So where does that leave us?

The Church is the Family of God, we who are of the household of Faith are all brothers and sisters in Christ Jesus. The Law of God is summed up in 2 Commandments: Love the LORD your God with all your heart, soul, and mind; Love your neighbor as yourself (Matthew 22:36-40). If you are unmarried, take a spouse from among the household of faith. Do not prey upon the weak, do not cause one to stumble into sin.

My children are still quite young, but a day will come when I will have to give sound advice on this matter to them.

  • Stop looking for “someone to date”, you’re looking for someone to marry.
  • Look for a spouse from among the Household of Faith, the Church.
  • Understand that finding a spouse is a family affair. Know their family and let your family get to know them.
  • Remember the 10 Commandments, and pray/confess them daily.
    • 1. Am I trusting the LORD for all of my needs? Have I made an idol of my singleness or my desire to marry? Lord, have mercy upon me, a sinner.
    • 2. Have I called upon the Name of the LORD in this matter? Pray to the LORD, make your petitions to Him.
    • 3. Am I resting in Christ Jesus? He is our Sabbath rest. Lord, forgive me for being anxious in the things I cannot control, and for trying to bring about my own peace of mind through dating and seeking a spouse.
    • 4. Is my desire for a spouse in keeping with honoring my parents? Am I guilty of rebellion in my pursuit of a spouse? Lord, have mercy.
    • 5. Have I thought evil of an ex? Have I harbored anger at a rival suitor or thought evil of a brother/sister in the Christ? Lord, have mercy.
    • 6. Have I committed adultery in my heart, or in my flesh? LORD, have mercy.
    • 7. Have I stolen another person’s property or failed to protect my neighbor’s belongings? Lord, have mercy.
    • 8. Have I destroyed (or failed to defend) the reputation of an ex, a rival suitor, a brother/sister in Christ, my neighbor? LORD, have mercy.
    • 9/10. Have I coveted my neighbor’s spouse/fiance/friendships in my heart? LORD, have mercy.
  • Choose a spouse. Don’t engage in mysticism, don’t look for a “soul-mate”, don’t let fate (or hormones) decide, choose a spouse. If that spouse choose you in return, marry and be blessed in the LORD.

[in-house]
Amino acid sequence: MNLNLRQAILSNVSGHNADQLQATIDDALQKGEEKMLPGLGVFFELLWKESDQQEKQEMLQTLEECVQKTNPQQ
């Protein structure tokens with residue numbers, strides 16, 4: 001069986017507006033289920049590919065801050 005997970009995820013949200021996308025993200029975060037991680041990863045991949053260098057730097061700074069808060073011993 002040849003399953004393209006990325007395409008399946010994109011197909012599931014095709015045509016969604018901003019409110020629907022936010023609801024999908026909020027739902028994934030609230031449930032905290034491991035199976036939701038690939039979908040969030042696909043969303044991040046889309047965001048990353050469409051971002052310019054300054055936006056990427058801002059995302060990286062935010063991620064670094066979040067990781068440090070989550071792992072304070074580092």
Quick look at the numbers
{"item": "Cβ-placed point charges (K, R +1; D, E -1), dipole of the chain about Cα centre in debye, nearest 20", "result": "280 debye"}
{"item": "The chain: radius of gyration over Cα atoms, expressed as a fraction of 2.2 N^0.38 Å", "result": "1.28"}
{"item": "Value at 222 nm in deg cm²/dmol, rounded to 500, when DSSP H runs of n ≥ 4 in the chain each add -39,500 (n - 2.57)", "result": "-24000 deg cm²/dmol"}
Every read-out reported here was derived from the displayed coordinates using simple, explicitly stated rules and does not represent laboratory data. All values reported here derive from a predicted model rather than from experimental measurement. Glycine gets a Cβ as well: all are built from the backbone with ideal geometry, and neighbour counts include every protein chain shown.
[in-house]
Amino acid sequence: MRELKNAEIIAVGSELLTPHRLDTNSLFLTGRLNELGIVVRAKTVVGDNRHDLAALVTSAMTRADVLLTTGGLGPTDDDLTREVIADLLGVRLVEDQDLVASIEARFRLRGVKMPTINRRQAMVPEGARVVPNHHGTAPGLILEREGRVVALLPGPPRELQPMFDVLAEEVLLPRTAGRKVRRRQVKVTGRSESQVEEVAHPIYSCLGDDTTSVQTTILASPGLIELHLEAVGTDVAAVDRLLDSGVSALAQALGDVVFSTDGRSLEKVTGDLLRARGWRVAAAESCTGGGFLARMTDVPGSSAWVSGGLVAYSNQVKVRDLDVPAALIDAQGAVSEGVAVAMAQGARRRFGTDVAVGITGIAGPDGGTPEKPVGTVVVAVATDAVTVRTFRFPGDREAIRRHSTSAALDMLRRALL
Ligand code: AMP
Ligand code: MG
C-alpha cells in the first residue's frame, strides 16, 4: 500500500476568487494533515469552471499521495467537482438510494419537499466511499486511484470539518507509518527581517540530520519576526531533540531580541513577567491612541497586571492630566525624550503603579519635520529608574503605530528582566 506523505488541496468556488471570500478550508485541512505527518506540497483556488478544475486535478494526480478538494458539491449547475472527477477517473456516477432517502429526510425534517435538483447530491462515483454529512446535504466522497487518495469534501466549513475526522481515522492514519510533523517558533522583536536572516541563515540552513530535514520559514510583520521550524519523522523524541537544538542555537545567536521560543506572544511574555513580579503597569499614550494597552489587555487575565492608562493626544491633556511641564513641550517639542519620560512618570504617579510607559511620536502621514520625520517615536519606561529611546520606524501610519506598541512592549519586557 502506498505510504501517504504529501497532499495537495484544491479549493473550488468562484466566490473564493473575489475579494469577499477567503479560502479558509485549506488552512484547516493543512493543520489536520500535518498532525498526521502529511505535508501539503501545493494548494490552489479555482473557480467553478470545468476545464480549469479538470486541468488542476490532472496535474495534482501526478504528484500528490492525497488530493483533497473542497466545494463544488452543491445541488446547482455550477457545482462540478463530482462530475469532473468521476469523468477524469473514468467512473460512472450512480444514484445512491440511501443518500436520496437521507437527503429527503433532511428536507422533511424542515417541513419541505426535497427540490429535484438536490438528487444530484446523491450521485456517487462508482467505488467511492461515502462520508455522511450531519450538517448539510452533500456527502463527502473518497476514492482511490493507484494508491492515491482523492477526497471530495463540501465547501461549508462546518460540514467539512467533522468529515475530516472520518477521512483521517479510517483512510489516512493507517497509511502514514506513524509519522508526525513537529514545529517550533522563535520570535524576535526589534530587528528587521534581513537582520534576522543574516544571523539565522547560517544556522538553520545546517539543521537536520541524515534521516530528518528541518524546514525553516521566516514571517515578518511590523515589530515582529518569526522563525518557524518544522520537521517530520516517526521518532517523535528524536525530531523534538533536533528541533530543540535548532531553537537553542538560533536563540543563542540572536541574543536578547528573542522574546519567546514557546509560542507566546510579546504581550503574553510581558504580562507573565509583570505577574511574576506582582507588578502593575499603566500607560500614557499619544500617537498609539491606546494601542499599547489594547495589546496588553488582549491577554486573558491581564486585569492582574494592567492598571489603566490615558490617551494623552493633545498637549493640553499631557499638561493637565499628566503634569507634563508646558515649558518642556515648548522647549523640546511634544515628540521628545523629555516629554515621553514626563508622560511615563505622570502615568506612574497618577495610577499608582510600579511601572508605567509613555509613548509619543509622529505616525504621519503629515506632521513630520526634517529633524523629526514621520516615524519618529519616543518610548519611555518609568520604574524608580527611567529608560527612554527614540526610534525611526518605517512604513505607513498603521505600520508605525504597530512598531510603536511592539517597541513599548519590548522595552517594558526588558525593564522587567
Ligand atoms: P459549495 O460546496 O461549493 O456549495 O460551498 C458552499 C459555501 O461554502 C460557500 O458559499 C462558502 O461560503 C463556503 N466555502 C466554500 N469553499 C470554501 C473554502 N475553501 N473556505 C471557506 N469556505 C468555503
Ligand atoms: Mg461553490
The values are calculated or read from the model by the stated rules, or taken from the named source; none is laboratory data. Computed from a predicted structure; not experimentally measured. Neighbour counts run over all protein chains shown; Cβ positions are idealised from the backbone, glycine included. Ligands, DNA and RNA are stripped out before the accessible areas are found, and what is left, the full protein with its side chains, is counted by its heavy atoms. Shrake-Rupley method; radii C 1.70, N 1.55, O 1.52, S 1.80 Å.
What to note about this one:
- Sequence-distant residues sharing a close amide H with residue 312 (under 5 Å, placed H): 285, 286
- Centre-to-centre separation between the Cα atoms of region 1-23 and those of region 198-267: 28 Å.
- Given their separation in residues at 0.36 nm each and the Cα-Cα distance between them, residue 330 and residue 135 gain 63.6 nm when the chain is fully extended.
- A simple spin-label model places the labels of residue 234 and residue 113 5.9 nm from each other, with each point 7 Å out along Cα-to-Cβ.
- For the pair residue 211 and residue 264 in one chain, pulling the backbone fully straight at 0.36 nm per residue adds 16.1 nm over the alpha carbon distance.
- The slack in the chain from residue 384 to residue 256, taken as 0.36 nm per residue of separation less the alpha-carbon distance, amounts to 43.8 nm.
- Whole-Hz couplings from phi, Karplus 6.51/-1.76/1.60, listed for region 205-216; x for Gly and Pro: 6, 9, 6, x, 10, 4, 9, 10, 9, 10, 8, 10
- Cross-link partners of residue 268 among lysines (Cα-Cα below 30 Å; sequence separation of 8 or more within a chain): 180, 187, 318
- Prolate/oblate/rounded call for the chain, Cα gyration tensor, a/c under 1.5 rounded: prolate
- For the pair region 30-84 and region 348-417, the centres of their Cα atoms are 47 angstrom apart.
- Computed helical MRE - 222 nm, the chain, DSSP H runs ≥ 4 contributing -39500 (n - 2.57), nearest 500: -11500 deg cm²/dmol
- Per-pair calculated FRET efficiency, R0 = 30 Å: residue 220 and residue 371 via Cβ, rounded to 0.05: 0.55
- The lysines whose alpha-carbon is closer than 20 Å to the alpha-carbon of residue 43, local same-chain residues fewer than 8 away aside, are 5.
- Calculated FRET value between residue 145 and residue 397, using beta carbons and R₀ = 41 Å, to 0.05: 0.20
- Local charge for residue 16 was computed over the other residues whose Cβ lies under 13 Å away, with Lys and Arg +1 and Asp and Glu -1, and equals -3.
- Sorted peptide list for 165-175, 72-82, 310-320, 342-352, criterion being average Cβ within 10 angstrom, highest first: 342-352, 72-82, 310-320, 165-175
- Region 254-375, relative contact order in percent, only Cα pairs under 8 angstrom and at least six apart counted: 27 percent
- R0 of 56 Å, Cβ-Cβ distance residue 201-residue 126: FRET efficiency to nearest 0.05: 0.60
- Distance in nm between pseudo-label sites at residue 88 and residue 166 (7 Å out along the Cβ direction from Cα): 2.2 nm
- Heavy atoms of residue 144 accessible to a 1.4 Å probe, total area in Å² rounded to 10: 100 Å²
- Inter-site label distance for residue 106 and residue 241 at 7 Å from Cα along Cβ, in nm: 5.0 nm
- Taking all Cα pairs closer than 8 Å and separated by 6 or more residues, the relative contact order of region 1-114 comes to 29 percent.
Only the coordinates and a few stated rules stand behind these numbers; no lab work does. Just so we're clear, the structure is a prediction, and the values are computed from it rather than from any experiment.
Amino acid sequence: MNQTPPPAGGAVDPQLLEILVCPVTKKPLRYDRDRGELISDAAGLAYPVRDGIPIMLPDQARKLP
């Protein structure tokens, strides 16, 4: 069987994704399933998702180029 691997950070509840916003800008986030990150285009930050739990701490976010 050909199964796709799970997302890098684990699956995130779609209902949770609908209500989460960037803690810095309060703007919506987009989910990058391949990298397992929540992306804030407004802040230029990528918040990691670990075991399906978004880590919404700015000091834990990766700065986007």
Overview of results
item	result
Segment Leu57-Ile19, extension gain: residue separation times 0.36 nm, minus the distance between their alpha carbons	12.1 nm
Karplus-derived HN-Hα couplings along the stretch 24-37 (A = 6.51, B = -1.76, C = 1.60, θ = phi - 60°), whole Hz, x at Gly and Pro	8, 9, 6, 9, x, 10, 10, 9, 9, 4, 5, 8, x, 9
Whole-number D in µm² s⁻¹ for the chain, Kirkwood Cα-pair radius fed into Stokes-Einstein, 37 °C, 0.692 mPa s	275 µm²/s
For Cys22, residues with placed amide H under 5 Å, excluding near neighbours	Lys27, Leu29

• The Christian life is one of repentance. The Married life is one of repentance and forgiveness. You’ll have to grow into your marriage in much the same way you grow in Faith and repentance. God is faithful and His Mercy endures forever. Amen.

As a mere layman, I’m sure this list will need some work. If you are struggling with this, do please contact your pastor about praying through the 10 Commandments.

The Gospel of Grace and Forgiveness

The problem of sin is an ever-present one while the LORD tarries. Many of our families are broken by sin, death, adultery, abuse, divorce. The wages of sin is death, but the Gift of God is everlasting life. There is forgiveness for sin at the Cross of Jesus Christ. All sin. Including sexual sin.

1 John 1:5-10 (ESV) This is the message we have heard from him and proclaim to you, that God is light, and in him is no darkness at all. If we say we have fellowship with him while we walk in darkness, we lie and do not practice the truth. But if we walk in the light, as he is in the light, we have fellowship with one another, and the blood of Jesus his Son cleanses us from all sin. If we say we have no sin, we deceive ourselves, and the truth is not in us. If we confess our sins, he is faithful and just to forgive us our sins and to cleanse us from all unrighteousness. If we say we have not sinned, we make him a liar, and his word is not in us.

In this life, we will have struggle. In our struggling, we will have temporal consequences for sin. Praise be to God our LORD and Savior that our right-standing with God is not based upon our works of the flesh; rather, they are in Christ Jesus.

Hebrews 13:20-21 (ESV) Now may the God of peace who brought again from the dead our Lord Jesus, the great shepherd of the sheep, by the blood of the eternal covenant, equip you with everything good that you may do his will, working in us that which is pleasing in his sight, through Jesus Christ, to whom be glory forever and ever. Amen.

In Christ Jesus,
Jorge